Driven by powerful models like ChatGPT, autonomous agents have recently emerged as AI’s next remarkable development. Randy Ginsburg explores their current applications, functionality, and future implications on society at large.
In the space of barely a few years, artificial intelligence has left its fingerprints on most aspects of our lives. What happens when it’s a lot more than fingerprints? Can an AI run your life?
It’s a proposition that many AI researchers are working on. Autonomous AI agents ascend beyond executing simple prompts to processing complex instructions and executing tasks online.
This spring, AI company OthersideAI unveiled a demo of their AI-powered personal assistant, which can book flights, order food, and search for jobs. The app, which is available as a freemium browser extension, has been downloaded over 100,000 times, according to the Google Chrome Web Store.
Under the hood, it’s a relatively simple concept. AI chatbots are pretty good at generating plans for you. The innovation of AI assistants is to connect the chatbot to the internet, and get the bot to execute that plan, step by step.
Suppose I wanted to build an app to track the local weather, and I send my request to an AI agent. That agent then goes through a process of planning, criticism, and action to identify the best way forward. The first step is simply to see what the chatbot suggests as a plan. It'll probably return an answer explaining how I would need to code a website, find the weather data, and then display the data on the website.
The agent would then decide what should happen first, to create this app. For example, it might begin with coding the website. A reasonable suggestion. That step comes along with reasoning to justify that decision: Users will need the website to see the weather data, so this is a critical step.
The second step is part of what makes an AI agent distinct from a chatbot. Criticism. Rather than running gung-ho to the first idea it comes up with, an AI agent will typically critique and improve its first attempt: Let’s look at existing weather sites to come up with design inspiration first.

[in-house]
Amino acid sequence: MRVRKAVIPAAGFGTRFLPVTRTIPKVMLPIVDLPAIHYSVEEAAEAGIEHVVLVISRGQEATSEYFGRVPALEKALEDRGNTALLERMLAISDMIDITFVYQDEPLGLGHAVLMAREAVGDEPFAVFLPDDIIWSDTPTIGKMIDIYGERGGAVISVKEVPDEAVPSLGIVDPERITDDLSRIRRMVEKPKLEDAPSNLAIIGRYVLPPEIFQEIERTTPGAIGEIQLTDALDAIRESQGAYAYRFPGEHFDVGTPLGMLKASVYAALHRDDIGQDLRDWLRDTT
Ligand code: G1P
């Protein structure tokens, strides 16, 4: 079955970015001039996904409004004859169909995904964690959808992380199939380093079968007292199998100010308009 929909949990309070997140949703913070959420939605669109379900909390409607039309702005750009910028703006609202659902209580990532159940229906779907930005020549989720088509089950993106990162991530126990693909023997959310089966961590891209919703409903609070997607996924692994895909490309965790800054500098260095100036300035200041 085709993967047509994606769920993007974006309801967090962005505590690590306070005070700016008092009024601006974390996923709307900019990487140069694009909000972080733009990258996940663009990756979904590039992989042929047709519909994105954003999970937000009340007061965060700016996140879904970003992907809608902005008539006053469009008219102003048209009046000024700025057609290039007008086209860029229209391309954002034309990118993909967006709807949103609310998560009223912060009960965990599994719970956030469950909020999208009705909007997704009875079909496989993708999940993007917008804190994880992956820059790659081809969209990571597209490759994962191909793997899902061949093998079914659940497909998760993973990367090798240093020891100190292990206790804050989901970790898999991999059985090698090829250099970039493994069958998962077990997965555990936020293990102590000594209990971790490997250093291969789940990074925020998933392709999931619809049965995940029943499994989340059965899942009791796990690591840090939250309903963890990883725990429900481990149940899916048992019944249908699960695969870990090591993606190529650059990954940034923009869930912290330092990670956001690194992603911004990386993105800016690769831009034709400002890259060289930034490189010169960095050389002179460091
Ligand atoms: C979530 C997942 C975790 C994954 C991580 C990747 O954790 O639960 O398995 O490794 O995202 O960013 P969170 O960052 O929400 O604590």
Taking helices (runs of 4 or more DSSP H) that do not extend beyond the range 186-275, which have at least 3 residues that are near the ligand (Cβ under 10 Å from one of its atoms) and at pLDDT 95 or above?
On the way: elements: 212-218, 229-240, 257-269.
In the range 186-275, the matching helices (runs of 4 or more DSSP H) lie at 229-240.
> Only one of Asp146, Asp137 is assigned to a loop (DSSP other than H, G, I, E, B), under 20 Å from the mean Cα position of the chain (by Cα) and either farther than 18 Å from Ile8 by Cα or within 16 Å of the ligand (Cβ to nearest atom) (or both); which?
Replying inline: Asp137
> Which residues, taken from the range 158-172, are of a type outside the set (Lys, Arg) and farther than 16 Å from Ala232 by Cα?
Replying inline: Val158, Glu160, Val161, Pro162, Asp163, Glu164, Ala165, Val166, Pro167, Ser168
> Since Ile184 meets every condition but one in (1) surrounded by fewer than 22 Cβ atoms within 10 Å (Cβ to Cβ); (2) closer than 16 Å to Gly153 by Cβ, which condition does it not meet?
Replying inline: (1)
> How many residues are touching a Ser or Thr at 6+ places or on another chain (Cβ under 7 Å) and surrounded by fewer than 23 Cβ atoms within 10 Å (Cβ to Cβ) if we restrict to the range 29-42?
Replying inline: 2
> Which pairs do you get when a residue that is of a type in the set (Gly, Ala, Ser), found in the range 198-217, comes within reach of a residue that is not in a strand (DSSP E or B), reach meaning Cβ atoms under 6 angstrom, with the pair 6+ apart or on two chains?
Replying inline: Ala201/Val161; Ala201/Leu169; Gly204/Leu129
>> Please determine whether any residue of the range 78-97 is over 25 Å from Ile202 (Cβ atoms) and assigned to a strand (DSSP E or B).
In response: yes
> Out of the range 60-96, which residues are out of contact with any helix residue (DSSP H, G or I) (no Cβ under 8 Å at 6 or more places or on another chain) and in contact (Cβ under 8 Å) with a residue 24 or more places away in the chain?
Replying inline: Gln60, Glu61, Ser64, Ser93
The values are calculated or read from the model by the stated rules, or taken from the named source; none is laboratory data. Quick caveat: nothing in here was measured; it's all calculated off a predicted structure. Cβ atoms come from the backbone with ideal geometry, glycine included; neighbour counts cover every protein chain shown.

Third, the agent will execute the step it has chosen, and repeat the plan-critique-act process to tick off everything in its original plan. Research will be followed by a website, which will be followed by weather data and a plan to store and display it, alongside everything else you need to achieve your original goal.
And the goals can vary enormously. OthersideAI co-founder Jason Kuperberg emphasises that “there are two main ways to think about AI agents: either as general assistants or as a specialised agent designed for a specific task.” And whilst OthersideAI has focused on the personal assistant, there is no shortage of specific tasks for an AI agent to work on.
“We expect huge shifts in productivity from AI.”
— Jason Kuperberg, co-founder, OthersideAI
Indeed, Jason’s co-founder at OthersideAI, Matt Shumer, has used AI agent AutoGPT to read his past tweets and create new content in his style. Using the same AutoGPT tool, programming educator Fireships created a video by connecting the tool to a video editor, a voice generator, and the internet. Meanwhile, AI-powered ‘Robo Lawyer’ DoNotPay has helped people save millions of pounds by gaining refunds, fighting credit bureaus, and cancelling subscriptions – all using AI. (The 8-year old company raised money at a $200m valuation in 2021, reflecting the investor interest in the tech).